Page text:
One of the clients I work for is Brinks Home Security systems. Their key benefit is that they protect your home against break-ins, so you won’t suffer a loss.
The offer I came up with was the Brinks ArmorClad No-Loss Guarantee, and the way it works is as follows. In the unlikely event of a burglary or fire, Brinks will pay your insurance deductible up to a maximum of $1,000.
The offer — you’re guaranteed not to lose money — ties directly in with their key benefit.
The Most Critical Part of the Offer
You might think that the cost of the offer is the most critical element that will influence response. And that if you want to get more response, you simply increase the amount of money you spend on the offer. Not true.
In most cases, the actual cost of the offer has almost nothing to do with response. There are two factors that are far more important.
1. Cost versus perceived value.
It’s not what your offer costs, it’s what value it has to the recipient. In the software business, this is called “value pricing” and it allows them to charge $400 for a disc that costs only $3 to produce.
Let me give you a direct-marketing example.
One of the offers we are testing for Brinks is a “Free Home Security Test.” It’s designed to let homeowners know whether or not their house is protected against intruders. The cost to Brinks is insignificant: All we’re providing is information.
However, that information can be priceless to the right homeowner. As our advertising says, “If it saves your life just once — it’s worth it.”
The perceived value of the offer can also be more subtle. In my previous agency, Bronner Slosberg Humphrey, we did a test to get people to activate their AT&T Calling Cards.
The offer — and the cost to AT&T — are shown below.
- 30 free minutes if you activate now (value: $5.75)
- 60 free minutes if you activate now (value: $11.50)
- 1 free long-distance call, of any length, if you activate now (average value $2.95).
Which offer do you think generated the most response?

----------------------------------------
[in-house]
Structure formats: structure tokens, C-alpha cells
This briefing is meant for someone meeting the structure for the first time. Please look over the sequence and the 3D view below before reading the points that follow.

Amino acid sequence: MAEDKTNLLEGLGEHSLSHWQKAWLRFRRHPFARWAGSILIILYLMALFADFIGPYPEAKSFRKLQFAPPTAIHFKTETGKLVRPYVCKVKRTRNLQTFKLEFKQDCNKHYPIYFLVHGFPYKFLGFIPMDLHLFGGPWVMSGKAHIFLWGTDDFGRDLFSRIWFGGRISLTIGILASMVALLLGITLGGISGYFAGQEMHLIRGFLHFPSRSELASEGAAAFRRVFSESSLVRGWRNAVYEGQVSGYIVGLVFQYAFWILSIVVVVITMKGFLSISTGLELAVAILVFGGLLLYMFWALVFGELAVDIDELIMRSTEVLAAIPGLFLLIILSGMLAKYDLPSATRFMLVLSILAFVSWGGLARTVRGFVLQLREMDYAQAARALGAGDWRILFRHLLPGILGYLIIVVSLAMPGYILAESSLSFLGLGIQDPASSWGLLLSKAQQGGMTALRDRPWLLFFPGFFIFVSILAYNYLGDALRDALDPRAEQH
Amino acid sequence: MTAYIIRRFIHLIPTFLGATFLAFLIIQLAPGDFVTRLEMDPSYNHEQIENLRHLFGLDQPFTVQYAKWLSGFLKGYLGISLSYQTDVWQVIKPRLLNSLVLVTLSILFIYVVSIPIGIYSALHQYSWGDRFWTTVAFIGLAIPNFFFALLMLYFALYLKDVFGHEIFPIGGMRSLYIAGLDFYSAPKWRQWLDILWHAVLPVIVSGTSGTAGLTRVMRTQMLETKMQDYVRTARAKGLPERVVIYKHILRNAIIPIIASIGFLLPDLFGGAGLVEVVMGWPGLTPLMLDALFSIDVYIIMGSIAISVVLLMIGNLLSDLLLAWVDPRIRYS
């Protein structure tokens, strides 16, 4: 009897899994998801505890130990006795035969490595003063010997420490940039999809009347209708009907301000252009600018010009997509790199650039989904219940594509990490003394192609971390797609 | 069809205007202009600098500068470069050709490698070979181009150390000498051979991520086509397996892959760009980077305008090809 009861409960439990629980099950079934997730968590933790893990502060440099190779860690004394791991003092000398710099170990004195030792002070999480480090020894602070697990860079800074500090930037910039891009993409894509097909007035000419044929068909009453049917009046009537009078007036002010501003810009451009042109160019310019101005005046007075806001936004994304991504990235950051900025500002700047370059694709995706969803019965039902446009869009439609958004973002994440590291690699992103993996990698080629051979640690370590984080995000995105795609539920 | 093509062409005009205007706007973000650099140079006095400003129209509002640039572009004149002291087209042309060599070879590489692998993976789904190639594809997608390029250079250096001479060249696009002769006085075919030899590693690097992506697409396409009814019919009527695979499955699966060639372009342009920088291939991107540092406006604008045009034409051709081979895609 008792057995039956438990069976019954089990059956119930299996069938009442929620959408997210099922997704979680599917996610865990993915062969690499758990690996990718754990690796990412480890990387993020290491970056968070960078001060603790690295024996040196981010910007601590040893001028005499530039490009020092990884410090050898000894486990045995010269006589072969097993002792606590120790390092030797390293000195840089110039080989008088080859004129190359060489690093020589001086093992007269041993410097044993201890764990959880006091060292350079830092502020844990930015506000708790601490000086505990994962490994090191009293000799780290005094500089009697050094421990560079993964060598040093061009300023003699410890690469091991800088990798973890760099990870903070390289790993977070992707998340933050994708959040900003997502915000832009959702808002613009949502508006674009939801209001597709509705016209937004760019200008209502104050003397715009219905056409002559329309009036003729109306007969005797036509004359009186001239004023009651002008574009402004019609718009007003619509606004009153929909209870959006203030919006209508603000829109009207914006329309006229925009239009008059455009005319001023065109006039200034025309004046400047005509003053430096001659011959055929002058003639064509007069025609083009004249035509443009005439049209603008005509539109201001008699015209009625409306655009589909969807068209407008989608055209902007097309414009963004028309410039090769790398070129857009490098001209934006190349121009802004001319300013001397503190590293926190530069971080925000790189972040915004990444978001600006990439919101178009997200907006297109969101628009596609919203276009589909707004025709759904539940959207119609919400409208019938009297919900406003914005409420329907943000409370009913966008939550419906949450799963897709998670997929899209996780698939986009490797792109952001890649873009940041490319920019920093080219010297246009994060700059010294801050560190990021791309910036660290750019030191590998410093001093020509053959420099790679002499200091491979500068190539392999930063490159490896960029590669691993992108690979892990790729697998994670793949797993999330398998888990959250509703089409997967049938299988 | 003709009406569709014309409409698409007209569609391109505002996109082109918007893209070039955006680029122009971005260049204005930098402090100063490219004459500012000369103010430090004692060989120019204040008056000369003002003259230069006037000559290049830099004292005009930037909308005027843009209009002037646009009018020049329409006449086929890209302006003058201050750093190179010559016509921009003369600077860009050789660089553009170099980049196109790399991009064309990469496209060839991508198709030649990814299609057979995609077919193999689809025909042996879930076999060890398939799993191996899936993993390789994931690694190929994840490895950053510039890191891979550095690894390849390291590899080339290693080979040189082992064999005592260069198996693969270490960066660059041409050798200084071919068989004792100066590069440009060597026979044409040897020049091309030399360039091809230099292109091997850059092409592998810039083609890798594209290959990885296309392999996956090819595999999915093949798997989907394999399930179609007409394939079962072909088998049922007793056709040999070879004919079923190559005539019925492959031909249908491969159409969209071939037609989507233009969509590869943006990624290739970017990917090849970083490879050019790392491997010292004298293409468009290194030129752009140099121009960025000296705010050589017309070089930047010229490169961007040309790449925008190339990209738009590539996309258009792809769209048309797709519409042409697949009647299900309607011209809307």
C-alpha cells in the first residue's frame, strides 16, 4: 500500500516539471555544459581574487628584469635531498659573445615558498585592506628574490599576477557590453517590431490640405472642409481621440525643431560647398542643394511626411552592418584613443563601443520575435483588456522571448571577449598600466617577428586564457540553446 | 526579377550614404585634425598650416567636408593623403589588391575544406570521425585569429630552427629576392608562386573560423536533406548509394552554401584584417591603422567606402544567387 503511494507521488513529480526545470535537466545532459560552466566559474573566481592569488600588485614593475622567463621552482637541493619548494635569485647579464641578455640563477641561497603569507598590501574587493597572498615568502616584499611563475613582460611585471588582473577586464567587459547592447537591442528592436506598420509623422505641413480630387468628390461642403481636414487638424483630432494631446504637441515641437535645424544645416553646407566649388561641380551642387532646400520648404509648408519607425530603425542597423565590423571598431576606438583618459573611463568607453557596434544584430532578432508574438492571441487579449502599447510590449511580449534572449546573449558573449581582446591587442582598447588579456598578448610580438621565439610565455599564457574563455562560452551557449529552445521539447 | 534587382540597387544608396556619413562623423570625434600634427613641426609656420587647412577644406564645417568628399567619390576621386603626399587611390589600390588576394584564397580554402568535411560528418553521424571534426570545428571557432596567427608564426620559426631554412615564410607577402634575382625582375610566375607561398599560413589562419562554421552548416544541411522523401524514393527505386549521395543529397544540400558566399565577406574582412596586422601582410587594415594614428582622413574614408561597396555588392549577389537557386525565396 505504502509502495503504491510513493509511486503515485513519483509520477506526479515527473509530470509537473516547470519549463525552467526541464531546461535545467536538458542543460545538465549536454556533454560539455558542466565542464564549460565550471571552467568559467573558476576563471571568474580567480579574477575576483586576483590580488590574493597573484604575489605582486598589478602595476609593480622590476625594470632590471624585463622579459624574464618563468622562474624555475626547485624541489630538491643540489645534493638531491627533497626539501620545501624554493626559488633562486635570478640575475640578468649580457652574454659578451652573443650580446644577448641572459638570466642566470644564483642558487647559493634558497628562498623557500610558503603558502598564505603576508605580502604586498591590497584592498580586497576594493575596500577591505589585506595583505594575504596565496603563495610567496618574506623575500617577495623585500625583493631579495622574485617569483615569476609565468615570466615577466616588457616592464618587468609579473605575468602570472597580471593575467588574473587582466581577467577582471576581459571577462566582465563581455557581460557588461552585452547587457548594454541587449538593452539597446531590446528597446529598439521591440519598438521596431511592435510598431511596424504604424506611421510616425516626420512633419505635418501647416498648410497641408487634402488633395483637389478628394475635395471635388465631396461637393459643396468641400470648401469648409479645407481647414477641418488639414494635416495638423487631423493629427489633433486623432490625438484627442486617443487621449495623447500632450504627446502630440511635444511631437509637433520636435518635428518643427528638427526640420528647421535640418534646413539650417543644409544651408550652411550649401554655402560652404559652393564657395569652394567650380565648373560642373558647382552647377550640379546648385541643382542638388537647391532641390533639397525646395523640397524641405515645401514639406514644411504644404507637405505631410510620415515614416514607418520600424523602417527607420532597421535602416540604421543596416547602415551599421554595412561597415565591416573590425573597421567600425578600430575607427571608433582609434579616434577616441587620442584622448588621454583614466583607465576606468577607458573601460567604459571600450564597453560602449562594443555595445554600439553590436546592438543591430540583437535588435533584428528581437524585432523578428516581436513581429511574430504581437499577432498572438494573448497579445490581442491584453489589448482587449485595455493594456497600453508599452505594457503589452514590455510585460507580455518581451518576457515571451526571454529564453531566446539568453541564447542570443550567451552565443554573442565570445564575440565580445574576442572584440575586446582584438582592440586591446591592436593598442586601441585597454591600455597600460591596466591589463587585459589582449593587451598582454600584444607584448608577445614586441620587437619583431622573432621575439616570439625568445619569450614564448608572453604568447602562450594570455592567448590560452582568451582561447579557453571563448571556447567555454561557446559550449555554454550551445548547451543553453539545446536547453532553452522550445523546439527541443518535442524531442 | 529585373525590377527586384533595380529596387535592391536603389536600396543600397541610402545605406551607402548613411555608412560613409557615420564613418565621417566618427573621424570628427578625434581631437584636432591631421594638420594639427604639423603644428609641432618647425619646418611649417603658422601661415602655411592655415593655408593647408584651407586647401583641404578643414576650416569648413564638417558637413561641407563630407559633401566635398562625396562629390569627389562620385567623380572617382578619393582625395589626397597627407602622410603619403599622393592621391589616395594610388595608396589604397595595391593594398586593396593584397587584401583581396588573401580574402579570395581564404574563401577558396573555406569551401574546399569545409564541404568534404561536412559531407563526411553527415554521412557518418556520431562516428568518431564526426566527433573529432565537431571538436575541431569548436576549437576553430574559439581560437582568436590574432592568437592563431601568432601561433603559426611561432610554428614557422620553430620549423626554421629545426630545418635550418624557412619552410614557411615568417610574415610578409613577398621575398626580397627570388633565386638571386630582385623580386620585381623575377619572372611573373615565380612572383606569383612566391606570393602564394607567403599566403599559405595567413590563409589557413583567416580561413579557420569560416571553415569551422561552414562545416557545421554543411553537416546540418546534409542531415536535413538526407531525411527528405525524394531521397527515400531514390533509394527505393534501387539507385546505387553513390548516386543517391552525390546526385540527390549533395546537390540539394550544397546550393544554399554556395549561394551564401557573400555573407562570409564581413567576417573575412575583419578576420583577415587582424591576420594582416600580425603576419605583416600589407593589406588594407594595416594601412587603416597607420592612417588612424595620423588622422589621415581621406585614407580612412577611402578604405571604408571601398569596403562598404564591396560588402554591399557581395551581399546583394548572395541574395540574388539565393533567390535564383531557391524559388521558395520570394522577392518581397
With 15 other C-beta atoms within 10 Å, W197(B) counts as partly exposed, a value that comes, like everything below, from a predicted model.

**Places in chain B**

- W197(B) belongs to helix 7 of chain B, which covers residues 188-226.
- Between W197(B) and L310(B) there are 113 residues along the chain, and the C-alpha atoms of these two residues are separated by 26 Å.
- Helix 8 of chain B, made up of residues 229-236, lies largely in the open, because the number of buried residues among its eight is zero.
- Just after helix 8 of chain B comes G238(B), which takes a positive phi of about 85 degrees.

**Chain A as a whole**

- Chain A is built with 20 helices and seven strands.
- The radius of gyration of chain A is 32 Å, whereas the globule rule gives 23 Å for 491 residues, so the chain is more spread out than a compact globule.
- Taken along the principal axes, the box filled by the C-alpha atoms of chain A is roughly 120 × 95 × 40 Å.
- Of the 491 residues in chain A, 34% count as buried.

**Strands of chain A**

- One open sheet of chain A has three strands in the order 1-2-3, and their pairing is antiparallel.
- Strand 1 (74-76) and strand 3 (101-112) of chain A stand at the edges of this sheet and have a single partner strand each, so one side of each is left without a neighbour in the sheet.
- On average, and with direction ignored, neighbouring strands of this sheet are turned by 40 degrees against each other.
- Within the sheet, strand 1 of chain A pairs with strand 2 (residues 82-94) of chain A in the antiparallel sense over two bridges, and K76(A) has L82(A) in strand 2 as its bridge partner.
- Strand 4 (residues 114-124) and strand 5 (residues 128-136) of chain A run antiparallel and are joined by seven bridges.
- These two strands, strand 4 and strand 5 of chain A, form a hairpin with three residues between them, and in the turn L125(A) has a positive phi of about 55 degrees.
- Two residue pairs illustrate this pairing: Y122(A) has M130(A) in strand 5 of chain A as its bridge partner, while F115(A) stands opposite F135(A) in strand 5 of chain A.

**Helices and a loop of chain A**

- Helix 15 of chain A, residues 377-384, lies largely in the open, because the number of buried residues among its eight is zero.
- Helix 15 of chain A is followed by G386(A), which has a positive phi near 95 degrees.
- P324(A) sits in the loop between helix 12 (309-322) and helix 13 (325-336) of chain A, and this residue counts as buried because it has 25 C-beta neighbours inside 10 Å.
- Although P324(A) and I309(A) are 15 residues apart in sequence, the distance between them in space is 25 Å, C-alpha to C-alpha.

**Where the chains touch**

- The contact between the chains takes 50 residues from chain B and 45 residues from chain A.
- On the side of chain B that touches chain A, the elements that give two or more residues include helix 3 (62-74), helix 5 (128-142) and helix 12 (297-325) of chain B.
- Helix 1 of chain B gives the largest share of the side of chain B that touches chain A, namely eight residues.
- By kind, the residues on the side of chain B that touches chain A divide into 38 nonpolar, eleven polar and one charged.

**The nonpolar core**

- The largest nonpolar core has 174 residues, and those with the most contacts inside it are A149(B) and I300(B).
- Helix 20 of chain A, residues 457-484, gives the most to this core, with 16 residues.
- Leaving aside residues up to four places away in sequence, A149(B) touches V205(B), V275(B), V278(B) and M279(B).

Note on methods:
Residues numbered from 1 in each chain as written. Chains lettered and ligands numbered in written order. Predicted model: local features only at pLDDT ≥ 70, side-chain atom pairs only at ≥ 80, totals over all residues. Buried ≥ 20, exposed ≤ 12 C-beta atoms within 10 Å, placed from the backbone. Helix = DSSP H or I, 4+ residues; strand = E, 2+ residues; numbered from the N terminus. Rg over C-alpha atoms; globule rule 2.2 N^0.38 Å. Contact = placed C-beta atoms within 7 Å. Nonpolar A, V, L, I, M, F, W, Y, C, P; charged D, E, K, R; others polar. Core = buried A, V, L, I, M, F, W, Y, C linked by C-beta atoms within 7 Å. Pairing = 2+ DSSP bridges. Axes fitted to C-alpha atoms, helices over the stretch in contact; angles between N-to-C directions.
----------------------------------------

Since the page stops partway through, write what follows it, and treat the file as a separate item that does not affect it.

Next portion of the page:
The third offer had, by far, the best response — possibly because the value, “I can call anyone? Anywhere? Any time? And talk as much as I want?” was perceived as higher.
However, the actual value of that offer was less than one-third of our most expensive offer (60 free minutes). So not only did we increase response, we lowered the cost per offer.
This example also clearly demonstrates the power of testing.
2. Presentation is everything
You should always present the offer as something of value and something of importance. By the way, if your offer doesn’t have value and importance — you should be looking for a new offer.
- Free is key. Many people believe that “free” is the most important word in advertising and direct marketing. I’m not sure if I completely agree with that. However, when it comes to the offer — free is critically important.
INSIDE TRICK: If you are offering something free — shout it. I will almost always start the headline on the reply card with the word “free.” It will almost always increase response. Plus, I’ll use the word “free” as much as possible within the other elements of the direct-mail package, or within the advertising copy.
- Get specific. Are you offering a travel brochure… or a free 32-page special booklet with 18 color photographs, including everything you need to know before you book your trip? The more specific you get with your offer, the more people will respond to it.